Dispatch from the Razor's Edge, the Blog of Michael Stephen Fuchs
20 Years of Heat

Today marks the 20th anniversary of the theatrical release of the second greatest motion picture of all time (okay, in my canon): Heat, written and directed by Michael Mann.

I can still vividly recall seeing this on opening weekend – at the old Seminole in Charlottesville (yeah, I know, bastardization omitted) – and then not being able to relax until I ran out and saw it again a couple of days later. It was that powerful – and, to me at least, it remains that powerful today. (If you’ve never seen it, run don’t walk.)

As often happens, trailers seem to age worse than films (the art of the trailer has come a long way fast), so instead here are, by far, the two most famous and iconic (and memorable and asskicking) scenes in the film. Enjoy them – seriously! Amazing stuff.

The first was a piece of history – the first time Robert De Niro and Al Pacino had ever shared the screen together. They’d been in films together, notably The Godfather, Part II – but these two titans of the screen had never squared off against each other before. The resulting low-key, slow-motion, nerve-shredding collision did nothing like disappoint. (The opening sequence on the highway also features the entirely wonderful song “New Dawn Fades” by Moby.)

I remember reading that they did around a dozen takes of this scene – but about 80% of the footage they ultimately used all came from a single take, I think the second one. And almost all of the rest came from a single other take. And it was all shot with two cameras each time, so every subtlety of the legendary actors’ minute reactions to each other would be captured as they actually happened. And I think it may be the case that both actors were at the height of their physical beauty. (That is one chiseled Bob De Niro.) Of course, as always, it’s the spectacular writing that turns the scene. But people still go into that diner and ask to sit at that table.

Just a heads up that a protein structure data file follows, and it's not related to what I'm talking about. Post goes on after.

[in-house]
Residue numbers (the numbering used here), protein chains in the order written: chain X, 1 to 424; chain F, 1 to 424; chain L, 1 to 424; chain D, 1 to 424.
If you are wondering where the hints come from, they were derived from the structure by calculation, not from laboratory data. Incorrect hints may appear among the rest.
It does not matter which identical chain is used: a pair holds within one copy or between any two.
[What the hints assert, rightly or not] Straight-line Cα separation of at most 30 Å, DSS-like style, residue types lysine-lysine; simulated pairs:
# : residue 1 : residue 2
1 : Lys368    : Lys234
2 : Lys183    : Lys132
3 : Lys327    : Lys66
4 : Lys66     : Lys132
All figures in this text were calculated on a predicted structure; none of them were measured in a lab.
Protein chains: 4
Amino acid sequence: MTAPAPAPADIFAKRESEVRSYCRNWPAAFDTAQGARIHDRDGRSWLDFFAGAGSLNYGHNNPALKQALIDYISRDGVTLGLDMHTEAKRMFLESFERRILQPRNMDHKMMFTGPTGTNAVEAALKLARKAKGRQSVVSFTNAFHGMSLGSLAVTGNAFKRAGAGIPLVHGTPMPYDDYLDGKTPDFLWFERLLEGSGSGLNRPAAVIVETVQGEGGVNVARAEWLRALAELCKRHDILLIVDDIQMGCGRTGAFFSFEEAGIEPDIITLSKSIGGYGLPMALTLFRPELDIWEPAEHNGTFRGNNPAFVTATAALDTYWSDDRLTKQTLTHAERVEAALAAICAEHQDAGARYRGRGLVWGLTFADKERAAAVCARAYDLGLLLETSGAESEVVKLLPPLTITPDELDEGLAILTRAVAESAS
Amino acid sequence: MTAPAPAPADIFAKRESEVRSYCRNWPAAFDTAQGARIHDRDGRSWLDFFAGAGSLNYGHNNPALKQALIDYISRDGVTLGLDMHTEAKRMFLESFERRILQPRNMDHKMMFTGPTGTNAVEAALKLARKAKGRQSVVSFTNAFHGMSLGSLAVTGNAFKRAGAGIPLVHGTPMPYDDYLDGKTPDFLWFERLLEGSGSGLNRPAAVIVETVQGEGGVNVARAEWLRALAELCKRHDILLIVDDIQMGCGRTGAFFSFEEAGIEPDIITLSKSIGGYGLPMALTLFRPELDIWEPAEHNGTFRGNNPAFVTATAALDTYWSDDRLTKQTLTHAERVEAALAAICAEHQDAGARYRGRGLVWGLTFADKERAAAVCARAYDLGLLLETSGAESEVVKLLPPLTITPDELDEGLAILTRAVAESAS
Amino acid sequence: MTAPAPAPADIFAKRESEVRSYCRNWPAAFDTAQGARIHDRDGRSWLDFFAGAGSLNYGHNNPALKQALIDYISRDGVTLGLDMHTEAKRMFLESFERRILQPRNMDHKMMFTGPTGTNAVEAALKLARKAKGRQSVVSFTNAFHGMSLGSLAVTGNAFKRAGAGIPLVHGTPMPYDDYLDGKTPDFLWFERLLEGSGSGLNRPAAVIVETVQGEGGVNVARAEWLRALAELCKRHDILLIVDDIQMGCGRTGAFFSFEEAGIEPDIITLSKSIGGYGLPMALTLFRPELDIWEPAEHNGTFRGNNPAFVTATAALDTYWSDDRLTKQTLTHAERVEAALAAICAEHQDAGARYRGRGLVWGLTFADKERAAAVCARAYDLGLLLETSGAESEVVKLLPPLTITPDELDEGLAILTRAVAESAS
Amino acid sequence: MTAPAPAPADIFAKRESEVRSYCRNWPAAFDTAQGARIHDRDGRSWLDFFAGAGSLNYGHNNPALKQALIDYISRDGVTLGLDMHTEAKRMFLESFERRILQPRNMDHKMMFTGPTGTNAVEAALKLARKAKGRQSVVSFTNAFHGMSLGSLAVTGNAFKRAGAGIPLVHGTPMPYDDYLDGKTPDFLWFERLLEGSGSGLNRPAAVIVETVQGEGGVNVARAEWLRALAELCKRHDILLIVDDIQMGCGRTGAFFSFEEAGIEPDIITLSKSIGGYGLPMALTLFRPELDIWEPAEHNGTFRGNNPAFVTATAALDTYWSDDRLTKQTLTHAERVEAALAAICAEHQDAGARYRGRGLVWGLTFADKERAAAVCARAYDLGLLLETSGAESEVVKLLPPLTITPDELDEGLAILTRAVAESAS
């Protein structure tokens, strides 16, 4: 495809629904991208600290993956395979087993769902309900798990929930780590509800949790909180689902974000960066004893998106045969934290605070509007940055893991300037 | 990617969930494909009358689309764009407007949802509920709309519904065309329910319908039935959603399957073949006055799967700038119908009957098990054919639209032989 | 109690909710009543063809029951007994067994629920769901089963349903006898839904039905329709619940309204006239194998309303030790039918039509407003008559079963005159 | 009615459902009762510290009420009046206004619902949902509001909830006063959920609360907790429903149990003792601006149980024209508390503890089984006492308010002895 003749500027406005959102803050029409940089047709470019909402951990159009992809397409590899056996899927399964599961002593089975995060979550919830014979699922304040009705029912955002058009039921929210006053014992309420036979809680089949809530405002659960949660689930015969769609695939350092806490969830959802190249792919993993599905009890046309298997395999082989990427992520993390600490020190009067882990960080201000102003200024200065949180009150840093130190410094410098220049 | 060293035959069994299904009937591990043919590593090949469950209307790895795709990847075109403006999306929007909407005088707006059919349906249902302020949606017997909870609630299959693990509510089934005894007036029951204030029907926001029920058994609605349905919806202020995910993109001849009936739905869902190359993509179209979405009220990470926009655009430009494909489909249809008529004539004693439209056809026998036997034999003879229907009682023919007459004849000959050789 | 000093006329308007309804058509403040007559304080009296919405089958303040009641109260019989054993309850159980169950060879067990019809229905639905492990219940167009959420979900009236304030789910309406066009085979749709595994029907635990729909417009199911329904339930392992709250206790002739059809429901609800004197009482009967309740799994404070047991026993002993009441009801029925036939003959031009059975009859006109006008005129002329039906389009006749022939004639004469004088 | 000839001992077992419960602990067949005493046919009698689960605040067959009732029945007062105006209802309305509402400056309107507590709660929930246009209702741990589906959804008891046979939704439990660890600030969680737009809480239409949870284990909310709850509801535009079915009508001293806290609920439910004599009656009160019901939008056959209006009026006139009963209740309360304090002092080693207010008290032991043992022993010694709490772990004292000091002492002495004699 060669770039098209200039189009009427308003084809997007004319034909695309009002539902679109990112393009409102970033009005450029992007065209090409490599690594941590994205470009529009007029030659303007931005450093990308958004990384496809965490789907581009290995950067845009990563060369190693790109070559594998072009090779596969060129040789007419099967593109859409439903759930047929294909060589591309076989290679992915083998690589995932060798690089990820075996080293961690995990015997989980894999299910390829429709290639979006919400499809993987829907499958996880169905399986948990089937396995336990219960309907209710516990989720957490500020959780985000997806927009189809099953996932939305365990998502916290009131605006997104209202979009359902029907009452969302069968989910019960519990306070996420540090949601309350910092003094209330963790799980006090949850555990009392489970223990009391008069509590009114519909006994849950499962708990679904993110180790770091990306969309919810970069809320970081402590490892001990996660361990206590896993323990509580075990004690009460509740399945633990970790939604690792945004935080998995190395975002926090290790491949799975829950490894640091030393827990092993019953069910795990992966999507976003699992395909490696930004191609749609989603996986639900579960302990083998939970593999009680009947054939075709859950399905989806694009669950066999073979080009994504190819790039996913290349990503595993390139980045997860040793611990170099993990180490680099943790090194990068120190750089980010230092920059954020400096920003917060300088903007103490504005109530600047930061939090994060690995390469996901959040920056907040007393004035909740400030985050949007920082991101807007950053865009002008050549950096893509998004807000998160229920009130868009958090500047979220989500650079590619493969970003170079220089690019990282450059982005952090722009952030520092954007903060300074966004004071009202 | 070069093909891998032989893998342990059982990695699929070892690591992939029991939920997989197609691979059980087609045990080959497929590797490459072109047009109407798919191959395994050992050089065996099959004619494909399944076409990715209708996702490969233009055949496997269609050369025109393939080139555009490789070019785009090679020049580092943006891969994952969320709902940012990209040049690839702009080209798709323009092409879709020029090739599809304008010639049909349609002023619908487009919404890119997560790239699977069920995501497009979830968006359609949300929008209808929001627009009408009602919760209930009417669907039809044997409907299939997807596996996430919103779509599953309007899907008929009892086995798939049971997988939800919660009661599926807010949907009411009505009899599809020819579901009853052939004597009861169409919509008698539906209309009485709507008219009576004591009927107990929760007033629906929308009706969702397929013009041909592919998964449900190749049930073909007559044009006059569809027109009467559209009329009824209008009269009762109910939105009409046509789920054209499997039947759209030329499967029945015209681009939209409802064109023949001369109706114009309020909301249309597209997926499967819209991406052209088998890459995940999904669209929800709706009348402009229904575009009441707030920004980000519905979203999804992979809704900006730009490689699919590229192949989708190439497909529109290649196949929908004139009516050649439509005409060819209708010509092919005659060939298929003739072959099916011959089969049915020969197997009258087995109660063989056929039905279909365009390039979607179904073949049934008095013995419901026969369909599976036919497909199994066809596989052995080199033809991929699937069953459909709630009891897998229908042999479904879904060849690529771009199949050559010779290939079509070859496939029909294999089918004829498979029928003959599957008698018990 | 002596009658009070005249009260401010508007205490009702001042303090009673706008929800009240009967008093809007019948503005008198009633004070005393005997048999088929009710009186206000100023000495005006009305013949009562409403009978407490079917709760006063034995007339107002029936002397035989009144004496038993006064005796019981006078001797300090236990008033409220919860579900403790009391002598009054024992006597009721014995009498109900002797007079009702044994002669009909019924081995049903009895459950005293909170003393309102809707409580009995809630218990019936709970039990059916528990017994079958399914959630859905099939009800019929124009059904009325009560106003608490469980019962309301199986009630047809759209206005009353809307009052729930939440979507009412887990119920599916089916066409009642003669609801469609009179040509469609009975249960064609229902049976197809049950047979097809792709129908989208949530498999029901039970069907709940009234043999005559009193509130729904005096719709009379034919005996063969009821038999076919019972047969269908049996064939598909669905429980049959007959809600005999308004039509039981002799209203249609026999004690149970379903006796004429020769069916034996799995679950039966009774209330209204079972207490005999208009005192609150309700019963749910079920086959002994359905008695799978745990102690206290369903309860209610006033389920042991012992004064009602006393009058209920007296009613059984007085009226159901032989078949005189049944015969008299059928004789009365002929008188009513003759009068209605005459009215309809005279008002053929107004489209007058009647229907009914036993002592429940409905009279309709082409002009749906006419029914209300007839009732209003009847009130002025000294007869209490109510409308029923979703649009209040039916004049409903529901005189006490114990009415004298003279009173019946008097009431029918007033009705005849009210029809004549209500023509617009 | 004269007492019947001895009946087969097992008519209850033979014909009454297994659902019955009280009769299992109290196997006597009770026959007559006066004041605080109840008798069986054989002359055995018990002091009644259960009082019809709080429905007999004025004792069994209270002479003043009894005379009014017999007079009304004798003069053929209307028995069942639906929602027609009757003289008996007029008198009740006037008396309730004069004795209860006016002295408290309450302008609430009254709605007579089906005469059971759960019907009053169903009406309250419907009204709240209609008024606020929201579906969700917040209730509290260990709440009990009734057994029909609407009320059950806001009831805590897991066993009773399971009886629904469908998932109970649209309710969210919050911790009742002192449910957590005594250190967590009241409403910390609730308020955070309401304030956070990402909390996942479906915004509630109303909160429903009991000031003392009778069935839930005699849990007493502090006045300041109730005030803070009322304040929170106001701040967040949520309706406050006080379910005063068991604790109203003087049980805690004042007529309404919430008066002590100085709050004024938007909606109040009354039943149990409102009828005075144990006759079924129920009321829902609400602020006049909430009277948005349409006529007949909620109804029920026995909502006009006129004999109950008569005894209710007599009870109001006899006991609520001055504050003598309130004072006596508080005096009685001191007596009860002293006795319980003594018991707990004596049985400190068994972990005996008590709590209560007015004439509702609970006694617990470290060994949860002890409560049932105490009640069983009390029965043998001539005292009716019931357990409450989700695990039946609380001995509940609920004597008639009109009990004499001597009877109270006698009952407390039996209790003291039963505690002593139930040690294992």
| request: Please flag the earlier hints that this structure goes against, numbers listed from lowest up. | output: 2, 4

The second scene is the street shoot-out after the bank heist – supremely gritty, dramatic, and thrilling, it is widely regarded as one of the most realistic gunfights ever shot. Miltech-consulted on by former SAS soldier (and Bravo Two Zero survivor) Chris Ryan, it goes on for a full ten minutes, each more breath-stealing than the last. (It too has some entirely decent music: “Force Marker” by Brian Eno. I wrote huge chunks of my first novel to the Heat soundtrack…)

Perhaps apocryphally, a Marine Corps drill instructor (or else a Special Forces Q-Course cadre instructor, depending on which version of the story you hear) was said to show the clip of Val Kilmer ducking down and changing magazines – and then tell his students: "Execute your mag changes as fast and efficiently as this Hollywood actor, or get the hell out of my unit."

The equally magisterial and indispensable IMFDB (Internet Movie Firearms Database) has, as always, the skinny on the wide range of sexy hardware used in the film, as well as (again, as usual) some fascinating trivia and minutiae.